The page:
RAPIDS can be used in a few ways with AWS SageMaker.

SageMaker Notebooks#

SageMaker Notebook Instances can be augmented with a RAPIDS conda environment.

We can add a RAPIDS conda environment to the set of Jupyter ipython kernels available in our SageMaker notebook instance by installing in a lifecycle configuration script.

To get started head to SageMaker and create a new SageMaker Notebook Instance.

Select your instance#

Select a RAPIDS compatible GPU (NVIDIA Pascal or greater with compute capability 6.0+) as the SageMaker Notebook instance type (e.g., ml.p3.2xlarge).

Screenshot of the create new notebook screen with a ml.p3.2xlarge selected

Create a RAPIDS lifecycle configuration#

Create a new lifecycle configuration (via the ‘Additional Options’ dropdown).

Screenshot of the create lifecycle configuration screen

Give your configuration a name like rapids and paste the following script into the “start notebook” script.


set -e

sudo -u ec2-user -i <<'EOF'

mamba create -y -n rapids -c rapidsai -c conda-forge -c nvidia rapids=24.04 python=3.10 cuda-version=11.8 ipykernel
conda activate rapids

# optionally install AutoGluon for AutoML GPU demo
# python -m pip install --pre autogluon

python -m ipykernel install --user --name rapids
echo "kernel install completed"

Set the volume size to at least 15GB, to accommodate the conda environment.

Then launch the instance.

Select the RAPIDS environment#

Once your Notebook Instance is InService select “Open JupyterLab”

Then in Jupyter select the rapids kernel when working with a new notebook.

Screenshot of Jupyter with the rapids kernel highlighted

SageMaker Estimators#

RAPIDS can also be used in SageMaker Estimators. Estimators allow you to launch training jobs on ephemeral VMs which SageMaker manages for you. The benefit of this is that your Notebook Instance doesn’t need to have a GPU, so you are only charged for GPU instances for the time that your training job is running.

All you’ll need to do is bring in your RAPIDS training script and libraries as a Docker container image and ask Amazon SageMaker to run copies of it in-parallel on a specified number of GPU instances in the cloud. Let’s take a closer look at how this works through a step-by-step approach:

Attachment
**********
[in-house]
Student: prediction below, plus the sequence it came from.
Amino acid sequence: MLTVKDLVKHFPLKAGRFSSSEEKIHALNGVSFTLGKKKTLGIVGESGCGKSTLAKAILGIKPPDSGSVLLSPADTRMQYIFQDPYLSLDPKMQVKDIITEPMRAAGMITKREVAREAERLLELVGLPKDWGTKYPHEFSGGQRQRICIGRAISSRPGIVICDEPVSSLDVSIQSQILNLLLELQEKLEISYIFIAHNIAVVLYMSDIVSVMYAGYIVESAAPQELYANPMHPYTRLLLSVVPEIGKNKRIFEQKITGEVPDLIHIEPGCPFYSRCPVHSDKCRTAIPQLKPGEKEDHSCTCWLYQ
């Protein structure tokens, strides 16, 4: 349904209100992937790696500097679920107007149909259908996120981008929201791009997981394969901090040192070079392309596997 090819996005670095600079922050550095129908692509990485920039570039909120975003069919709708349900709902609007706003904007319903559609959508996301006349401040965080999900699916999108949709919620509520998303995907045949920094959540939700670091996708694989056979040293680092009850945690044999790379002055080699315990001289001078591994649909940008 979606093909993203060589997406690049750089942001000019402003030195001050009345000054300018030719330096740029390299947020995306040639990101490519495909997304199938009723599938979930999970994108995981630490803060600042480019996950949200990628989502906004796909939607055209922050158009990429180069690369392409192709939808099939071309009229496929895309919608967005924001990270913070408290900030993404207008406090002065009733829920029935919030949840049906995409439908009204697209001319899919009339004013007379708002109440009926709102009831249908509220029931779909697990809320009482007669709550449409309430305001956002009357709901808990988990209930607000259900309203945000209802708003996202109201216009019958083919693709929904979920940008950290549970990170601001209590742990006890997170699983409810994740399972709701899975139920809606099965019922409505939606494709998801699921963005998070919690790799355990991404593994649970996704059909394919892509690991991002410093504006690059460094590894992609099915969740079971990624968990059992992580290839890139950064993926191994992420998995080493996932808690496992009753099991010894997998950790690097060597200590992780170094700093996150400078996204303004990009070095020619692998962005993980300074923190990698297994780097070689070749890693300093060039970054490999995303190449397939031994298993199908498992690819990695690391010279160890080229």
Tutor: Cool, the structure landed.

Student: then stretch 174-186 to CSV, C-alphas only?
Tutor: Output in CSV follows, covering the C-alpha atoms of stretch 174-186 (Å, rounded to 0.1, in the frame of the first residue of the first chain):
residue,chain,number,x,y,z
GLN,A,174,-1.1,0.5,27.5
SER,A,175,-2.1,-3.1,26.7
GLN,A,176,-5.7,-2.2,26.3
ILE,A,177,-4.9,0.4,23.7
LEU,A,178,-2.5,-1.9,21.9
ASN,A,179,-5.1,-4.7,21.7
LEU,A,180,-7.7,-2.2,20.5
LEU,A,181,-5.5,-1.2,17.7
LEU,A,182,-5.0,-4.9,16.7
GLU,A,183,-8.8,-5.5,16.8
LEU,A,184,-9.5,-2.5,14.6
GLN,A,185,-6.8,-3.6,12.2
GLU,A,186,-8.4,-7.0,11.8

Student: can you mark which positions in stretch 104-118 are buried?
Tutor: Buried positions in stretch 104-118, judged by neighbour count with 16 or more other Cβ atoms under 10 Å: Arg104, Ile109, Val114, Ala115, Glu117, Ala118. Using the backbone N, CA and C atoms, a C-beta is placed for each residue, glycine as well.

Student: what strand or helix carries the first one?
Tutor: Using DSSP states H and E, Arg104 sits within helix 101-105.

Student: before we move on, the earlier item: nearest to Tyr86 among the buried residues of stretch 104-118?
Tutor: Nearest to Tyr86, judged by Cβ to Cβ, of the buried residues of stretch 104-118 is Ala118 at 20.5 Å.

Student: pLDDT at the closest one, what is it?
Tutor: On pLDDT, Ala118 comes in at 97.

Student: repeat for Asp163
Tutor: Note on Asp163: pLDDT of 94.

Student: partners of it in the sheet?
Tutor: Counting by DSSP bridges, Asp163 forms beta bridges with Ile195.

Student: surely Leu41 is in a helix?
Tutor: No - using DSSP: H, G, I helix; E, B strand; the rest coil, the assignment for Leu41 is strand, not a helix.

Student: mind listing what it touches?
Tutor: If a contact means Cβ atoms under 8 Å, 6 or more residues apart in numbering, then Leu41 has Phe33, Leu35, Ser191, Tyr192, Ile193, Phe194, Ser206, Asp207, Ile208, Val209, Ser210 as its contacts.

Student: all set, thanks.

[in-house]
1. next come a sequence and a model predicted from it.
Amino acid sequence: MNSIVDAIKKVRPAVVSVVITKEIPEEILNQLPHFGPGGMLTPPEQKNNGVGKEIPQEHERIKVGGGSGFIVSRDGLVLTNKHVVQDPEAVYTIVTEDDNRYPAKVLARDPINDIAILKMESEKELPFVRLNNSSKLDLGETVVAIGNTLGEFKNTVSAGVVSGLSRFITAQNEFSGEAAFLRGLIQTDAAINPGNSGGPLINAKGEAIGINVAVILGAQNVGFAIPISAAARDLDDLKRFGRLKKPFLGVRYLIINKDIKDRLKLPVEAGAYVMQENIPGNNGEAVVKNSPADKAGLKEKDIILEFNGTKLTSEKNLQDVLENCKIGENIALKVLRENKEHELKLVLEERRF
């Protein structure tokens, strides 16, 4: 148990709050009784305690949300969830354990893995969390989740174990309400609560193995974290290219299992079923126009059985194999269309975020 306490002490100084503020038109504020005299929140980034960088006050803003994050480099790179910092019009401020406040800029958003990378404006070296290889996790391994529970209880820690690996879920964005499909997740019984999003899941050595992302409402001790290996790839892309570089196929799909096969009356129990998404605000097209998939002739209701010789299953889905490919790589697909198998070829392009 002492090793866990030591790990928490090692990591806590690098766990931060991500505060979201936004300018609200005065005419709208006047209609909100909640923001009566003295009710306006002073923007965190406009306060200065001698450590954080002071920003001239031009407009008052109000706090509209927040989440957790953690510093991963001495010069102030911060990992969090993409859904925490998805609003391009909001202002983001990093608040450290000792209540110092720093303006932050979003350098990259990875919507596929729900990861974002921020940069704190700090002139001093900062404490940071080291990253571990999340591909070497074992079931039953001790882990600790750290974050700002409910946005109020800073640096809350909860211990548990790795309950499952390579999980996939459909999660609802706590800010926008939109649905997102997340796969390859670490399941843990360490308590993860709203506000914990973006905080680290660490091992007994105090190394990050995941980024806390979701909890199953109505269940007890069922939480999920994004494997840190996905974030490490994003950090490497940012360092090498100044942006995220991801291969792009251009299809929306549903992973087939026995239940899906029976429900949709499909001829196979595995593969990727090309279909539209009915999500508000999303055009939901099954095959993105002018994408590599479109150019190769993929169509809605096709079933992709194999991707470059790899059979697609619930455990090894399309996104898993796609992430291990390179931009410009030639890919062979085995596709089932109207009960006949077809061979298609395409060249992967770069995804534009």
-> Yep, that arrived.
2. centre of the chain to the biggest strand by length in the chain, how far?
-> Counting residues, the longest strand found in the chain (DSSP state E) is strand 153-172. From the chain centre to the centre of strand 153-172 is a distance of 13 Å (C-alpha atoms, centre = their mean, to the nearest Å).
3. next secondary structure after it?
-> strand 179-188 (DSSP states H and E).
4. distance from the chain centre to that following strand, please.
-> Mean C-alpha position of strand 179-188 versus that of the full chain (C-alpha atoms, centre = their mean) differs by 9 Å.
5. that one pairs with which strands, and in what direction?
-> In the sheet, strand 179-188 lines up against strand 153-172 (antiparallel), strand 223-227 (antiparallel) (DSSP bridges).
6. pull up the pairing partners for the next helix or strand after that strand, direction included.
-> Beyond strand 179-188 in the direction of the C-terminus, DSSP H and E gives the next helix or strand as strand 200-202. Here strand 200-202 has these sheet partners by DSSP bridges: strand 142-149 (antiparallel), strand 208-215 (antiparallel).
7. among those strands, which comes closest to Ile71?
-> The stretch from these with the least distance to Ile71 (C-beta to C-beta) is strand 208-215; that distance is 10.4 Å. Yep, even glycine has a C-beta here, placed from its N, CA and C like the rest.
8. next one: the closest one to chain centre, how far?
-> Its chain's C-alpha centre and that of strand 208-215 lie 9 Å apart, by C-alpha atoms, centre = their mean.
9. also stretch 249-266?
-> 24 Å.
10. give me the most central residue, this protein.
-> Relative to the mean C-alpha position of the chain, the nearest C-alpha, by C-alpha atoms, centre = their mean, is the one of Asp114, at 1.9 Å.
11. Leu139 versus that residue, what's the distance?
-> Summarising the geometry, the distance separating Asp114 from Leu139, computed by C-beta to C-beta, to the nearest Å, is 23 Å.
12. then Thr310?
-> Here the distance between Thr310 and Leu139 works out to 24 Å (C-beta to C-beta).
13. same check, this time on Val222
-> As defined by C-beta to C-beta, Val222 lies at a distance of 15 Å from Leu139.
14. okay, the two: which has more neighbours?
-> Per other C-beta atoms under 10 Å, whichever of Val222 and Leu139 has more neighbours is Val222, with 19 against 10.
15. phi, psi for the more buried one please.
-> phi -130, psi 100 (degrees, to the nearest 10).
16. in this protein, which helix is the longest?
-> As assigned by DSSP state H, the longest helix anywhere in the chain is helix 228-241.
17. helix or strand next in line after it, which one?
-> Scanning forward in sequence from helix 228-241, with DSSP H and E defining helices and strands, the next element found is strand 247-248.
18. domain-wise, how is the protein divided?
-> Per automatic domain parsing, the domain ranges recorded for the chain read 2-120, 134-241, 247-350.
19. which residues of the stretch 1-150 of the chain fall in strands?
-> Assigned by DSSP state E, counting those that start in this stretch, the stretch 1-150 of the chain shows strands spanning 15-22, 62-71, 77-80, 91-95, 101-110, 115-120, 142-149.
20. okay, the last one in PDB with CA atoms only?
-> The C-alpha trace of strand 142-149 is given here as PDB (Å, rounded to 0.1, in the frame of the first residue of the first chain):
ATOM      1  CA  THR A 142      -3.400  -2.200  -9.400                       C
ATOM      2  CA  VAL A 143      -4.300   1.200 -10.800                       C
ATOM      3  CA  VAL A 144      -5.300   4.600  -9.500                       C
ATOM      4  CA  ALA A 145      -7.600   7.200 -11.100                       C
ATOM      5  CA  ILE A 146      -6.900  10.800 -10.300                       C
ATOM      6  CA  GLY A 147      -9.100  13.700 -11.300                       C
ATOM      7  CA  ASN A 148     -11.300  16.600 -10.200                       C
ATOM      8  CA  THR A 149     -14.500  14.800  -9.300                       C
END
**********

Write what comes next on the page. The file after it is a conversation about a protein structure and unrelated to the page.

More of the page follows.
• Training script should accept hyperparameters as command line arguments. Starting with the base RAPIDS container (pulled from Docker Hub), use a Dockerfile to augment it by copying your training code and set WORKDIR path to the code.

  • Install sagemaker-training toolkit to make the container compatible with Sagemaker. Add other packages as needed for your workflow needs e.g. python, flask (model serving), dask-ml etc.

  • Push the image to a container registry (ECR).

Screenshot of summarized step to build Estimator

  • Having built our container and custom logic, we can now assemble all components into an Estimator. We can now test the Estimator and run parallel hyperparameter optimization tuning jobs.

estimator = sagemaker.estimator.Estimator(
), job_name=job_name)

hpo = sagemaker.tuner.HyperparameterTuner(
), job_name=tuning_job_name, wait=True, logs="All")

Upload data to S3#

We offer the dataset for this demo in a public bucket hosted in either the us-east-1 or us-west-2 regions

Create Notebook Instance#

Sign in to the Amazon SageMaker console. Choose Notebook > Notebook Instances > Create notebook instance. If a field is not mentioned below, leave the default values:

  • NOTEBOOK_INSTANCE_NAME = Name of the notebook instance

  • NOTEBOOK_INSTANCE_TYPE = Type of notebook instance. We recommend a lightweight instance (e.g., ml.t2.medium) since the instance will only be used to build the container and launch work

  • PLATFORM_IDENTIFIER = ‘Amazon Linux 2, Jupyter Lab 3’

  • IAM_ROLE = Create a new role > Create role

Launch Jupyter Notebook#

In a few minutes, Amazon SageMaker launches an ML compute instance — when its ready you should see several links appear in the Actions tab of the ‘Notebook Instances’ section, click on Open JupyerLab to launch into the notebook.


If you see Pending to the right of the notebook instance in the Status column, your notebook is still being created. The status will change to InService when the notebook is ready for use.

Run the Example Notebook#

Once inside JupyterLab you should be able to upload the Running RAPIDS hyperparameter experiments at scale example notebook and continue following those instructions.

Further reading#

We’ve also written a detailed blog post on how to use SageMaker with RAPIDS.

Related Examples#

Running RAPIDS hyperparameter experiments at scale on Amazon SageMaker

cloud/aws/sagemaker workflow/hpo library/cudf library/cuml library/scikit-learn data-format/csv data-storage/s3

Deep Dive into running Hyper Parameter Optimization on AWS SageMaker

cloud/aws/sagemaker workflow/hpo library/xgboost library/cuml library/cupy library/cudf library/dask data-storage/s3 data-format/parquet